18
February
2013

Reform County Government — Eliminate the Executive

It was a grand experiment, but adding the layer of County Government that is least connected to the people has turned out to be a dismal failure. It’s time to get back to our roots and eliminate the position of County Executive.

In theory it should have worked out well. In reality it has resulted in contention, dishonesty and a scramble to assess blame rather than accepting personal responsibility.

Budgets fraught with phantom revenues and understated expenses have been sent to the board over the last three decades. The board has been forced to rewrite these budgets to reflect reality. Policies and ordinances have been sent to the board, stripped of critical information and insight with the demand that they be passed nearly sight-unseen. When problems happen it is the board, not the Executive, who has taken the heat.

Power struggles in politics are not uncommon, but adding the layer of County Executive has resulted in more of a fight for power than reasonable arguments over policy. Today County government is faced with a County Executive who cries that reform of the branch of government closest to the people must be reformed. That reform will allow him to concentrate his power.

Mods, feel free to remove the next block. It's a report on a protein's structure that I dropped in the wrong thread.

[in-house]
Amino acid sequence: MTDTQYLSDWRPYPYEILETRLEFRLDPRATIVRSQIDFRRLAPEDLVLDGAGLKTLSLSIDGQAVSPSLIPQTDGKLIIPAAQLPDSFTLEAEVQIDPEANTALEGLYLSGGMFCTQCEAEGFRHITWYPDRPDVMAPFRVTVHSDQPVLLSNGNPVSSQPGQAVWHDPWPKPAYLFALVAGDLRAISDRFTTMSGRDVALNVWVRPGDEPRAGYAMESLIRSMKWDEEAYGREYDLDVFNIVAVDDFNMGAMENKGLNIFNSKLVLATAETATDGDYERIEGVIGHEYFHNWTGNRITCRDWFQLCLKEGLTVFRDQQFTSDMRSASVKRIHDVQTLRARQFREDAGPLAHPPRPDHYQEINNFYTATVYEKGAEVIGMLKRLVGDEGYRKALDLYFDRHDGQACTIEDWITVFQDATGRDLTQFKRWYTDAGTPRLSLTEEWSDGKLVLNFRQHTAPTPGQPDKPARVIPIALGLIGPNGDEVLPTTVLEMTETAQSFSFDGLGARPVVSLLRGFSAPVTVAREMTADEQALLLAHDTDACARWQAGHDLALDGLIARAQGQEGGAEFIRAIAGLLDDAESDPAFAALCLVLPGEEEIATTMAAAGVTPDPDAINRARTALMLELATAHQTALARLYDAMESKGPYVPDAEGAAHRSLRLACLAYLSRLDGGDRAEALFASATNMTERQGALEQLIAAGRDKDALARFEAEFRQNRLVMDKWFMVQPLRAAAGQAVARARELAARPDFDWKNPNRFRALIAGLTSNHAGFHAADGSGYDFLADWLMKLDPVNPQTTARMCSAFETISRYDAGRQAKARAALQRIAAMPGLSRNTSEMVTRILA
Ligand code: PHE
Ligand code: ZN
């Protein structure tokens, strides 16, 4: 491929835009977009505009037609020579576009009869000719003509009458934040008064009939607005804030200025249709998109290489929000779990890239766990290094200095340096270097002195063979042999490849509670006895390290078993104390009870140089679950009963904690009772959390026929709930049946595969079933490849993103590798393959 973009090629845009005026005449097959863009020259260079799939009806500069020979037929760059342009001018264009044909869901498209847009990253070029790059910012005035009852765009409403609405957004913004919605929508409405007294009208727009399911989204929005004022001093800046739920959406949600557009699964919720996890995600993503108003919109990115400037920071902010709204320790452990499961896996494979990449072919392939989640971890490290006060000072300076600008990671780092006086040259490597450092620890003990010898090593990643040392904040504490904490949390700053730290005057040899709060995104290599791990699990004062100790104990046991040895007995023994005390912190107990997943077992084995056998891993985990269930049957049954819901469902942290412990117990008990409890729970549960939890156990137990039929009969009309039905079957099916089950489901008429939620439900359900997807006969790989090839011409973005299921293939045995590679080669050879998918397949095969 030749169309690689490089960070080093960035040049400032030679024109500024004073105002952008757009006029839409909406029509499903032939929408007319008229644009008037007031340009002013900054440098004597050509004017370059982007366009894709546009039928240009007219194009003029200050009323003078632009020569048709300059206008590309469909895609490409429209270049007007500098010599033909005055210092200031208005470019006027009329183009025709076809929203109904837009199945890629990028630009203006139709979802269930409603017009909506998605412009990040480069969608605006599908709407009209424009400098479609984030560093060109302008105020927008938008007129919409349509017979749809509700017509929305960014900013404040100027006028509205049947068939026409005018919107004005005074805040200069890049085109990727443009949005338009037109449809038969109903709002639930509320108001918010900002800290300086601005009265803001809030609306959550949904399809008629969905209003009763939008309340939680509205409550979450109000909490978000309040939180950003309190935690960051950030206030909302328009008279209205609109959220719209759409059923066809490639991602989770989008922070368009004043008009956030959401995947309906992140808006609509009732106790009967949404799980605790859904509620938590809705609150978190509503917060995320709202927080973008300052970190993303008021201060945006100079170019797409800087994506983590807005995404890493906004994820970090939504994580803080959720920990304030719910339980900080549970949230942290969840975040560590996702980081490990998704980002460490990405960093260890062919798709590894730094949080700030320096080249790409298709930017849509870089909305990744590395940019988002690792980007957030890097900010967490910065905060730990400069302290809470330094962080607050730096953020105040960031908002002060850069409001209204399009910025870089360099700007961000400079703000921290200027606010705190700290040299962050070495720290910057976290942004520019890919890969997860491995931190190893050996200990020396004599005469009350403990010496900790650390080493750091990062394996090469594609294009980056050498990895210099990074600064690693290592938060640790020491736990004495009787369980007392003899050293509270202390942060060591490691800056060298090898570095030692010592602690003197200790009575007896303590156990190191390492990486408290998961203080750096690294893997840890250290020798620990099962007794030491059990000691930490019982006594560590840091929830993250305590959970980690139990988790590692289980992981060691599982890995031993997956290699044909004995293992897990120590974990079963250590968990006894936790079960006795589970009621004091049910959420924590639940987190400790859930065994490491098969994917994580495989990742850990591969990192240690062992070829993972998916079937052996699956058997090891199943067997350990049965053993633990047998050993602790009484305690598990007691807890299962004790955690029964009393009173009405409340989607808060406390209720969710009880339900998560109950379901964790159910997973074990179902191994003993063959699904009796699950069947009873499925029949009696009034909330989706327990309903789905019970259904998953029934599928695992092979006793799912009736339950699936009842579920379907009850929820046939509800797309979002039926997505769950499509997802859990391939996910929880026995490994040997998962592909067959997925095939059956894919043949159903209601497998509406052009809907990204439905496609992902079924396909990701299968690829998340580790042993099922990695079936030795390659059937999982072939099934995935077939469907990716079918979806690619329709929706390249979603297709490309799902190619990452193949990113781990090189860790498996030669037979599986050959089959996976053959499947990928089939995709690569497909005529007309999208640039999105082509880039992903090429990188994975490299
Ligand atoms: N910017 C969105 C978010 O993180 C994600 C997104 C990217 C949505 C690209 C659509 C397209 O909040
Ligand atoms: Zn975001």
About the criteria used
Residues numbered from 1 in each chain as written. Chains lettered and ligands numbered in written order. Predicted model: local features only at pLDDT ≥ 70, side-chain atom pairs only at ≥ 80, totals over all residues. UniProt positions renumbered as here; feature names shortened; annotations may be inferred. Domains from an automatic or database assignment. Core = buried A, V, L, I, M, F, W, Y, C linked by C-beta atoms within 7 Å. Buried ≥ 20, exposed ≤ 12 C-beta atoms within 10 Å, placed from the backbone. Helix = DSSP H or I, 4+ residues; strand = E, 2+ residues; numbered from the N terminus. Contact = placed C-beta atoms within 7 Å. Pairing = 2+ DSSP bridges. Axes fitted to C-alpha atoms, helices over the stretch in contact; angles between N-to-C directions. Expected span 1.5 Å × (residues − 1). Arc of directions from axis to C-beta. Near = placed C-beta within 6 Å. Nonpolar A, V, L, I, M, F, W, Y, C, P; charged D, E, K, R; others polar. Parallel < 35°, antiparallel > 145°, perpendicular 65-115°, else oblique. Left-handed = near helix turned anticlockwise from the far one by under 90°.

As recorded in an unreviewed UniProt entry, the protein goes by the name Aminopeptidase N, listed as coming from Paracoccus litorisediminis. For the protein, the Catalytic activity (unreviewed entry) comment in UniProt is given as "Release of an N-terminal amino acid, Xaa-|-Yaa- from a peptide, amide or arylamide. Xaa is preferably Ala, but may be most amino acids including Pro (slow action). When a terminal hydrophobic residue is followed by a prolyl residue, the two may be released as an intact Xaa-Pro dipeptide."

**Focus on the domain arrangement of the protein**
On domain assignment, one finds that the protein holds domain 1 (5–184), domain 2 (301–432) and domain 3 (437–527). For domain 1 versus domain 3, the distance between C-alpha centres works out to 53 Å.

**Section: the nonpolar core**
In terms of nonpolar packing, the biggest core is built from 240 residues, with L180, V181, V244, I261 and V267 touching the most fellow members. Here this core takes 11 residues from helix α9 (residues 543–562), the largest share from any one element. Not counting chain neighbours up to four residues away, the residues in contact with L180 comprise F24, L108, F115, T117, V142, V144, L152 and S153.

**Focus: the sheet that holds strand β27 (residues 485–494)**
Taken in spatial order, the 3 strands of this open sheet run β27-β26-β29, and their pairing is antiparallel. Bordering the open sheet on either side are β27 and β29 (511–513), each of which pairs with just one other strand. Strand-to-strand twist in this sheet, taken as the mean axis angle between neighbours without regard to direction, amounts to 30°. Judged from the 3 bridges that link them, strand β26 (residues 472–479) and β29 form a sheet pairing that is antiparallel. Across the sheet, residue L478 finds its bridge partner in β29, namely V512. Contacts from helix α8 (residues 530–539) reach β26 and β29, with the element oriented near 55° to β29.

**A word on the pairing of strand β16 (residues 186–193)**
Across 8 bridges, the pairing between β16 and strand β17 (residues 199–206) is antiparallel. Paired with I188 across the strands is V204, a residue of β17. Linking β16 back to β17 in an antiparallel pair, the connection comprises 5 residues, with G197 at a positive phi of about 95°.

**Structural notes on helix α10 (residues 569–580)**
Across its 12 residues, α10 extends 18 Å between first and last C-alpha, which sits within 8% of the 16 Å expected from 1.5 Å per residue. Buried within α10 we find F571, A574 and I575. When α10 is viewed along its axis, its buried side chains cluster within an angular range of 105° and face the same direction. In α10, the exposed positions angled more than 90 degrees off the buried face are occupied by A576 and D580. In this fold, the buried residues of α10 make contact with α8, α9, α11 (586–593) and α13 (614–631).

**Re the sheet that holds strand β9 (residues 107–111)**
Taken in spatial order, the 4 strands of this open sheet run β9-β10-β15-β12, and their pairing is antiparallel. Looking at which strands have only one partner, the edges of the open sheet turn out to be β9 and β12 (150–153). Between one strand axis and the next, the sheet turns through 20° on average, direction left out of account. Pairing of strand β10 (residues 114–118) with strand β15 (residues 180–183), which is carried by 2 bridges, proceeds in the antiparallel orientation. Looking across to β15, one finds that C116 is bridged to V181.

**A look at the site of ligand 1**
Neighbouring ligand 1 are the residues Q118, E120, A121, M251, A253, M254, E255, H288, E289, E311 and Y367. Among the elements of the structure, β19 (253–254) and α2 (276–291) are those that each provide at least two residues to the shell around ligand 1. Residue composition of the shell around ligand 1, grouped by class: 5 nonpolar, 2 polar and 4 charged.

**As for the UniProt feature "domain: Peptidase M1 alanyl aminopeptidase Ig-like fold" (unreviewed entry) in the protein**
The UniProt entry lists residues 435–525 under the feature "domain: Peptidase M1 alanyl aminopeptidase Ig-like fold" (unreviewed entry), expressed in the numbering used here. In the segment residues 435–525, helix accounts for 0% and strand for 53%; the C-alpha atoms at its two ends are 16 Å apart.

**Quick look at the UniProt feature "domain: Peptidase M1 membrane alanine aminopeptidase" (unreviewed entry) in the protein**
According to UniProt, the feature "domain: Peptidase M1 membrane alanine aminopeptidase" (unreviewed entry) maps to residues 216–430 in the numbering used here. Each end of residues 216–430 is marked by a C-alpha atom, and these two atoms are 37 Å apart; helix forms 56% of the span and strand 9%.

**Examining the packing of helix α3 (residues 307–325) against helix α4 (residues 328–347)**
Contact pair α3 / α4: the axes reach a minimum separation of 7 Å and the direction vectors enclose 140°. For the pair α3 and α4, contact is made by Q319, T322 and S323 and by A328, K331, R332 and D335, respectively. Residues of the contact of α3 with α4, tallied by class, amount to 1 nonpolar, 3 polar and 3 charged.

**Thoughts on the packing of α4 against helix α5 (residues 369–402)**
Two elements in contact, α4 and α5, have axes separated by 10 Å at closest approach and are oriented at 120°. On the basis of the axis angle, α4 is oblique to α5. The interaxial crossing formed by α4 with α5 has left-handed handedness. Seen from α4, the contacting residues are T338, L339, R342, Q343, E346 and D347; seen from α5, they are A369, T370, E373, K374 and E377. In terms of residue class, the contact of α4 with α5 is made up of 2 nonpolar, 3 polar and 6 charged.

Since when did concentrating power in the hands of one person become reform? Power mongering is not reform.

Even the elections for Executive have become a corrupted exercise in our democracy. To be elected you must be either wealthy enough to finance your own campaign or well connected enough to a political party that you can raise suitcases full of money from others. Neither option is in the interest of the public.

Optimally county government should be eliminated since legislatively it runs at the will of state government. State politicians overrule the actions of the county, pass along the costs of mandates, and pat themselves on the back for saving money that was never saved. Counties become scapegoats for lazy state politicians. Since politicians would rather diddle around the edges of real reform, county government is here to stay.

Now politicians are lining up to say the board needs to be reduced in size and only compensated with a part time salary. The vast diversity of talent and experiences that could be called upon to solve complex problems will evaporate. Qualified common people will not run for a position that will not even allow them to pay their household expenses. Less oversight and less accountability is not reform.

Still others claim that efficiency will come from reducing salaries. There’s just one problem with their claims — arithmetic. The County Board costs less than 1% of the budget. Eliminating oversight will cost more in missed efficiencies. Less eyes on the problem is not a solution unless you’re the one who wants to hide something.

There once was a time when smaller, local government was considered the best government. Those days are apparently over.

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